Recent proposals in the Stormont House talks include a structure for addressing the past that will involve a Historical Investigations Unit (HIU) and an Independent Commission for Information Retrieval (ICIR).

The three issues

1. Gary Haggarty

He is currently at the heart of a huge supergrass trial which could take down some of the UVF’s most senior and feared figures.

Gary Haggarty – nicknamed Mr Gadget – is the man whose evidence could topple the leadership of the terror group.

The UVF has been blamed for at least 30 killings since the loyalist ceasefire two decades ago.

Haggarty was reportedly the group’s south-east Antrim commander. He agreed to turn supergrass while on remand in 2010, charged with the 1997 murder of John Harbinson in the Mount Vernon estate. Mr Harbinson was chained to railings and beaten to death with iron bars.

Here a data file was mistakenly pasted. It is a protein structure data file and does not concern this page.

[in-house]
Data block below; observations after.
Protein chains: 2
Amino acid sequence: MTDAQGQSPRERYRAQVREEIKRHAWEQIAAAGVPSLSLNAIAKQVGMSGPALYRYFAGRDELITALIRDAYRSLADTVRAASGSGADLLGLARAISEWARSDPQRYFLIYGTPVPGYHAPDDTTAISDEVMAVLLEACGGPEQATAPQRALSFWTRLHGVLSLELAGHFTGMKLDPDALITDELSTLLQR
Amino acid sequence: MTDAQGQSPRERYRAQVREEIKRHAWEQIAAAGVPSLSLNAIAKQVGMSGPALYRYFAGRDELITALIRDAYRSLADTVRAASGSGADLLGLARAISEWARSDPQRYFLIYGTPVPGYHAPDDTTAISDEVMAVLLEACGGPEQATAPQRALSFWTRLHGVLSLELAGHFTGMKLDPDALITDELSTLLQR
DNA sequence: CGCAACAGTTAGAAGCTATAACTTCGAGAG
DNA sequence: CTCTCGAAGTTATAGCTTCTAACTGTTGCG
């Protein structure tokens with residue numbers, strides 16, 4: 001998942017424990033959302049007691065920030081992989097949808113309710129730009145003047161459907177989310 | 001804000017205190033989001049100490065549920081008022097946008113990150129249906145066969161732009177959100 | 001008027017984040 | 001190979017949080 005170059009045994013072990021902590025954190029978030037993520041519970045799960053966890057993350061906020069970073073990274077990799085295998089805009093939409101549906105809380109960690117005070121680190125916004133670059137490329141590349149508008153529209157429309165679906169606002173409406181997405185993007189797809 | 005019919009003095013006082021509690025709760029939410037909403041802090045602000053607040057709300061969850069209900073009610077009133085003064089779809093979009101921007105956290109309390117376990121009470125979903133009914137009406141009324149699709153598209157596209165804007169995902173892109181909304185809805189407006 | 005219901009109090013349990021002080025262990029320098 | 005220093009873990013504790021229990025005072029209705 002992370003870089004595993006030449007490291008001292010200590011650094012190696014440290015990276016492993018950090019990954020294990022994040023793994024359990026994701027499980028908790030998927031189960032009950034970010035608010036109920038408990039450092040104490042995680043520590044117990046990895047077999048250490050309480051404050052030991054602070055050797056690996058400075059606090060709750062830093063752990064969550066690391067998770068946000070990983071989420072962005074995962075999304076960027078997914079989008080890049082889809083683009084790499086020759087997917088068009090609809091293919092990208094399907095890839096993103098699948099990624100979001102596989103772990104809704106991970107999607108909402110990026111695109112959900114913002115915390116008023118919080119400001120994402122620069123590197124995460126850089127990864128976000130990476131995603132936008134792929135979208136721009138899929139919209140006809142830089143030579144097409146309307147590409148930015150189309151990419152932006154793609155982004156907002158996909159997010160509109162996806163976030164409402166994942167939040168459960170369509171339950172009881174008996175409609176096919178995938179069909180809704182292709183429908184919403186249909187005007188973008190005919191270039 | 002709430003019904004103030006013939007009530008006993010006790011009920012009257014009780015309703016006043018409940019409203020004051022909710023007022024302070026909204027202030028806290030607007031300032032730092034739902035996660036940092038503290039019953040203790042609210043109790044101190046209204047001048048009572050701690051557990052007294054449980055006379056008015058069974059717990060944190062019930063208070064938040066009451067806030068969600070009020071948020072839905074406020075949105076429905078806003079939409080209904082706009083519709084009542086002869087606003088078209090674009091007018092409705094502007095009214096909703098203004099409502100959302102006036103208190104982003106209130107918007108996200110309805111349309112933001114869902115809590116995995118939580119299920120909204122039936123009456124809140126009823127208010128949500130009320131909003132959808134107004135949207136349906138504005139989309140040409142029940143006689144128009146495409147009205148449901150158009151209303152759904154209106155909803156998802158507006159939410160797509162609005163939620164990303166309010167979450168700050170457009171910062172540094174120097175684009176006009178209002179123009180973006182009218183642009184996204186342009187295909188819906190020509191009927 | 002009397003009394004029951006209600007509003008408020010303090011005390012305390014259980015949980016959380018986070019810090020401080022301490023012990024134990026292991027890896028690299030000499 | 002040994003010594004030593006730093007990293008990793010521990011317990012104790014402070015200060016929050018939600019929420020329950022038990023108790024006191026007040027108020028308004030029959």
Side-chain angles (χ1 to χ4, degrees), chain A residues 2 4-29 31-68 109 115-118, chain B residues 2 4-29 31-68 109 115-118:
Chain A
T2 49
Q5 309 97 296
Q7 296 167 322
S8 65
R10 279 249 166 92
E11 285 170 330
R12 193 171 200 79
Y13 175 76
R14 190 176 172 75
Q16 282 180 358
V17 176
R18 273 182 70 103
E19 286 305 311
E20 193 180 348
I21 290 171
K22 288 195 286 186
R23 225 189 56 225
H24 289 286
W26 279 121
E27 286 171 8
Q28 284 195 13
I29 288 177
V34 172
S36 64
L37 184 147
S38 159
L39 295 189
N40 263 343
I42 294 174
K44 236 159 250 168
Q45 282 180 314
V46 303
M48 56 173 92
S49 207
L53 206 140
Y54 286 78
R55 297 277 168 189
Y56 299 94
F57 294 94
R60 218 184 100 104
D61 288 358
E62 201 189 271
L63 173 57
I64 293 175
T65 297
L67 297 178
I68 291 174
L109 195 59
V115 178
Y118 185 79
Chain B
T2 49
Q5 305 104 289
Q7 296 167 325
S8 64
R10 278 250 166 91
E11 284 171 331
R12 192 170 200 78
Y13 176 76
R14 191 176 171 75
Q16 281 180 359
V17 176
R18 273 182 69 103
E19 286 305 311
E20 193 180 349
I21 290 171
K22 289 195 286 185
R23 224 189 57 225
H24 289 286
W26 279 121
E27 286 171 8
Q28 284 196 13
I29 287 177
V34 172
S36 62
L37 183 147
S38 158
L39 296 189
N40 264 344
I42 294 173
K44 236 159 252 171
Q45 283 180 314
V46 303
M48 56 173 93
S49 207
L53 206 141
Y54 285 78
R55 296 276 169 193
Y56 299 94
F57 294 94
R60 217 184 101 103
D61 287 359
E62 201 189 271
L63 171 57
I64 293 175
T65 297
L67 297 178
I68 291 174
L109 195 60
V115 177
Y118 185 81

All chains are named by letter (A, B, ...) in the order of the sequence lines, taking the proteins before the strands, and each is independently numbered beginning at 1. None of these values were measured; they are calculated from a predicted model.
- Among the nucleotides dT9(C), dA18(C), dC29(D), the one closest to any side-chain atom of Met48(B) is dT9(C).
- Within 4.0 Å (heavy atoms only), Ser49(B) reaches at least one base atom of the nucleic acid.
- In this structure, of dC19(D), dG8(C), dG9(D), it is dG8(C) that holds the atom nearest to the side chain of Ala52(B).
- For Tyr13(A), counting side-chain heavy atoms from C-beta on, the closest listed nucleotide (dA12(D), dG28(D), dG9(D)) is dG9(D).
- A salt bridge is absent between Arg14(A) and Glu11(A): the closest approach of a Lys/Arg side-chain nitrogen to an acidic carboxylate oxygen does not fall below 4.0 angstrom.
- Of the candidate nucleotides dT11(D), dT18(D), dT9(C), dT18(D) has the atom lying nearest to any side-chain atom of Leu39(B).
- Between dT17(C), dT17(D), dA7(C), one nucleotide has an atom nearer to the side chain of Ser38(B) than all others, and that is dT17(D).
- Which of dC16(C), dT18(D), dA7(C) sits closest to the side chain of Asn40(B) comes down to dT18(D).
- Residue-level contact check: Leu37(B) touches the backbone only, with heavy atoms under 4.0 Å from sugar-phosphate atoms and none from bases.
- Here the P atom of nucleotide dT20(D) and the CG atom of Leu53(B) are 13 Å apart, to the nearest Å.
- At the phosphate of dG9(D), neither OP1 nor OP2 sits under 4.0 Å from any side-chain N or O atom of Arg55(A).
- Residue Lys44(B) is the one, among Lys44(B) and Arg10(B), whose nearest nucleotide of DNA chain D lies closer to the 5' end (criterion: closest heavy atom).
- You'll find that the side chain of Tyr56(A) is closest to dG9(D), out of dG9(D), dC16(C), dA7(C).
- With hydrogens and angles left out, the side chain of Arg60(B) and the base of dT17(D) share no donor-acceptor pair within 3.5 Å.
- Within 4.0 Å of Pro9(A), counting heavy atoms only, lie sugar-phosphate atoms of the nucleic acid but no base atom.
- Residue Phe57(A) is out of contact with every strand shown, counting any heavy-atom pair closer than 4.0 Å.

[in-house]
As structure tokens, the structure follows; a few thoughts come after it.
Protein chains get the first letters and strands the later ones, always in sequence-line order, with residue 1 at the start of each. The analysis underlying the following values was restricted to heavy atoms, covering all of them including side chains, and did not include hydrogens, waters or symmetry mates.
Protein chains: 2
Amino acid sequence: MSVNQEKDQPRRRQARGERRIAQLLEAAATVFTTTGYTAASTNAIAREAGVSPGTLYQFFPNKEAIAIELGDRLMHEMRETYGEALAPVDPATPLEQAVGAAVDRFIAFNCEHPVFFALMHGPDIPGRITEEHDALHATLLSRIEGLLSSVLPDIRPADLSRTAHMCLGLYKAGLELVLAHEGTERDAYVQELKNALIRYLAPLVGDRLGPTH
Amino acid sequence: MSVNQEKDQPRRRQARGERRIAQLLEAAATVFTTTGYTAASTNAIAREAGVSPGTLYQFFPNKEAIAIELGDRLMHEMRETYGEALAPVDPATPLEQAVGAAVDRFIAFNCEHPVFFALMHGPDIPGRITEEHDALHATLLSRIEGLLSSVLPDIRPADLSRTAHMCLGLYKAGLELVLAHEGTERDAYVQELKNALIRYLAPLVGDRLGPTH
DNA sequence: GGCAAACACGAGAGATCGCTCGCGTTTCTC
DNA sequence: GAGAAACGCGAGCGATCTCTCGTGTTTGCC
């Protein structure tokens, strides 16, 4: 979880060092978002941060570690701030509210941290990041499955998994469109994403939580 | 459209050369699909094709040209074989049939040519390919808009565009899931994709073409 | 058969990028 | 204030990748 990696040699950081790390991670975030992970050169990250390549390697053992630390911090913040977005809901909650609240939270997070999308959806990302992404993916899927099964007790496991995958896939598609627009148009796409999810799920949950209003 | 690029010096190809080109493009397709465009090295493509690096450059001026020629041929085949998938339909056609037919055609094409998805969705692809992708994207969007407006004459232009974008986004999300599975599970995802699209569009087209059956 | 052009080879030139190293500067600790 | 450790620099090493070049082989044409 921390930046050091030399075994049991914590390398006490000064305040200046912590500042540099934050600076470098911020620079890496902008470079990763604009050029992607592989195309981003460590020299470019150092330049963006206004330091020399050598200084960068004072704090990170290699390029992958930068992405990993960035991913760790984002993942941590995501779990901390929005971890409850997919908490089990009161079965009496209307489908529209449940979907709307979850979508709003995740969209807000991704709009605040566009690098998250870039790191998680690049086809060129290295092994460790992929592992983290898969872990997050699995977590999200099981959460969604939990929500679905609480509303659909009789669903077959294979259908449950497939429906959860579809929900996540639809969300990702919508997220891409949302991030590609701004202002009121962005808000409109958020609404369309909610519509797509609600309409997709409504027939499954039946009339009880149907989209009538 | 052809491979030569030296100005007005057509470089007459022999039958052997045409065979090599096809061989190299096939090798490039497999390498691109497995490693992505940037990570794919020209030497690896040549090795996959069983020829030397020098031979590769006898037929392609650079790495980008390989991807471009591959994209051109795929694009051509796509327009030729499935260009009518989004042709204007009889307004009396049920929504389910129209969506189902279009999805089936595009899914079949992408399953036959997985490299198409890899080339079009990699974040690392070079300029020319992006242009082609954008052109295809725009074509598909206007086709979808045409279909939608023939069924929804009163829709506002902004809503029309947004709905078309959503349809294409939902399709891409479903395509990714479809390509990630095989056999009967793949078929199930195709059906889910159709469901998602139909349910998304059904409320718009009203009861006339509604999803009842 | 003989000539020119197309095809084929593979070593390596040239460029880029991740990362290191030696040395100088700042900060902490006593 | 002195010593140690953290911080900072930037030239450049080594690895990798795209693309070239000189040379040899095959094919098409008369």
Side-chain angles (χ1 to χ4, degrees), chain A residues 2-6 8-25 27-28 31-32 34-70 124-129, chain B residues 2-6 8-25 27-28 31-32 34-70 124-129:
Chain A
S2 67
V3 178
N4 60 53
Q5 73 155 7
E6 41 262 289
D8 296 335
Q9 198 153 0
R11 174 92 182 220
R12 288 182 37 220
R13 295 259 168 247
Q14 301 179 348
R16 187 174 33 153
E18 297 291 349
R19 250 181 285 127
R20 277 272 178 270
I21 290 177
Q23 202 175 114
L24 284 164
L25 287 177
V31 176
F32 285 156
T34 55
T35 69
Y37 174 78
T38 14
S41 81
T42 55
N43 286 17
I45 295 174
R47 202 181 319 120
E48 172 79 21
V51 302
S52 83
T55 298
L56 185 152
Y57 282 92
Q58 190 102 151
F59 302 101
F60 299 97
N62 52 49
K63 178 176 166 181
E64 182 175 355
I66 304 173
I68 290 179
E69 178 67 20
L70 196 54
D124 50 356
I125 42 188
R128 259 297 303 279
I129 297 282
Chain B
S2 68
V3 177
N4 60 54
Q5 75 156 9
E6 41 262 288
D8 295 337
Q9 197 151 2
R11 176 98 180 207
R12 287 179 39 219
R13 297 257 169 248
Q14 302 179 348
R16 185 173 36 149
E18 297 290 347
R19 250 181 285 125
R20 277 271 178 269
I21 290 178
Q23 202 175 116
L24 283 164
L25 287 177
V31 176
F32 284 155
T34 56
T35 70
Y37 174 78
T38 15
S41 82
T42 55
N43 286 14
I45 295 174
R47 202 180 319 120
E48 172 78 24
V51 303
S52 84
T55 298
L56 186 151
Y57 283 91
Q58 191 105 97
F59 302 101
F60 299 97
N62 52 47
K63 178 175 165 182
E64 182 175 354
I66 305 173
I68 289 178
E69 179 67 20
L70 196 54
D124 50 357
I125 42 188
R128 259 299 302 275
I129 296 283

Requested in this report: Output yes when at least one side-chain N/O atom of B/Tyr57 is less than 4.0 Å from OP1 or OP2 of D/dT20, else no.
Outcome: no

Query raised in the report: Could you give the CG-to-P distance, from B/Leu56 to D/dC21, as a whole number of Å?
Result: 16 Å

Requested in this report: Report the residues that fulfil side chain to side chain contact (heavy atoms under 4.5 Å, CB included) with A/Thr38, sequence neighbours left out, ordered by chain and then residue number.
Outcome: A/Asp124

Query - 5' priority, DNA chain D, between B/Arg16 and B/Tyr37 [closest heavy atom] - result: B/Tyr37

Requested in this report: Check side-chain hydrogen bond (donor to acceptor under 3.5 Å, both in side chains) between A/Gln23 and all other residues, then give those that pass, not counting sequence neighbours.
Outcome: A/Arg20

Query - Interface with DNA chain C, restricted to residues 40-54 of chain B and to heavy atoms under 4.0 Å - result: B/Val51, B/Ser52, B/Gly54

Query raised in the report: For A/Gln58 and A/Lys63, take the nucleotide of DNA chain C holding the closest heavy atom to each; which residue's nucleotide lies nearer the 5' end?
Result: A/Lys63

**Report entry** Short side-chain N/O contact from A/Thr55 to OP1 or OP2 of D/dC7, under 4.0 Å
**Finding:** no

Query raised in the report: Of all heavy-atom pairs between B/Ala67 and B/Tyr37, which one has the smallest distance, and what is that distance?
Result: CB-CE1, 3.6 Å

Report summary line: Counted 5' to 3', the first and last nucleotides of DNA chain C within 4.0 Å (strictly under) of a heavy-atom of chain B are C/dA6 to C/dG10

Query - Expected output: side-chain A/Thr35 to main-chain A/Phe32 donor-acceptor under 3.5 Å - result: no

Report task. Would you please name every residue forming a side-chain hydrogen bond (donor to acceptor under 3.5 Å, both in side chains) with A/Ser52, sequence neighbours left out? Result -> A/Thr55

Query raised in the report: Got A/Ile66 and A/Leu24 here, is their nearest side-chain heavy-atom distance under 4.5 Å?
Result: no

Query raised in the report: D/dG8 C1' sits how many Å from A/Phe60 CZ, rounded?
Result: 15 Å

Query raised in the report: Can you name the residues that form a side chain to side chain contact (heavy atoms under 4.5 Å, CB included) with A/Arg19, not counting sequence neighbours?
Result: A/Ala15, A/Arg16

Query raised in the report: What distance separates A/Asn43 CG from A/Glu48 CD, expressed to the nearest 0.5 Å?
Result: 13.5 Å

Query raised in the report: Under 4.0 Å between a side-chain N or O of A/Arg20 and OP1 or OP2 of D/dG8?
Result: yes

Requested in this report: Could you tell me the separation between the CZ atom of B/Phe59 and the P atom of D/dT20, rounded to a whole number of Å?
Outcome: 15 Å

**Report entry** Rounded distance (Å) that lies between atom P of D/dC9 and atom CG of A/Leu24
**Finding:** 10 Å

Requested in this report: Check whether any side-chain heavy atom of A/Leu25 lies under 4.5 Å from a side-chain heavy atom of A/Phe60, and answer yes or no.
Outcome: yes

Under the Serious and Organised Crime Act 2005, offenders can be offered a deal involving a reduced sentence for their crimes in return for a full confession and an agreement to provide evidence against others.

During police interviews, Haggarty gave 30,000 pages of information to detectives.

One of the men Haggarty has named in his evidence is former Special Branch agent Mark Haddock. In return for giving evidence against his former peers, Haggarty is expected to be sentenced – if convicted – to as little as three years.

2. On the Runs

The so-called on the run letters (OTR) scheme started in 2000 and saw more than 200 of the letters of comfort issued by the Government to IRA suspects linked to almost 300 murders.

They told people they were not wanted at that time but did not rule out future prosecutions if new evidence became available.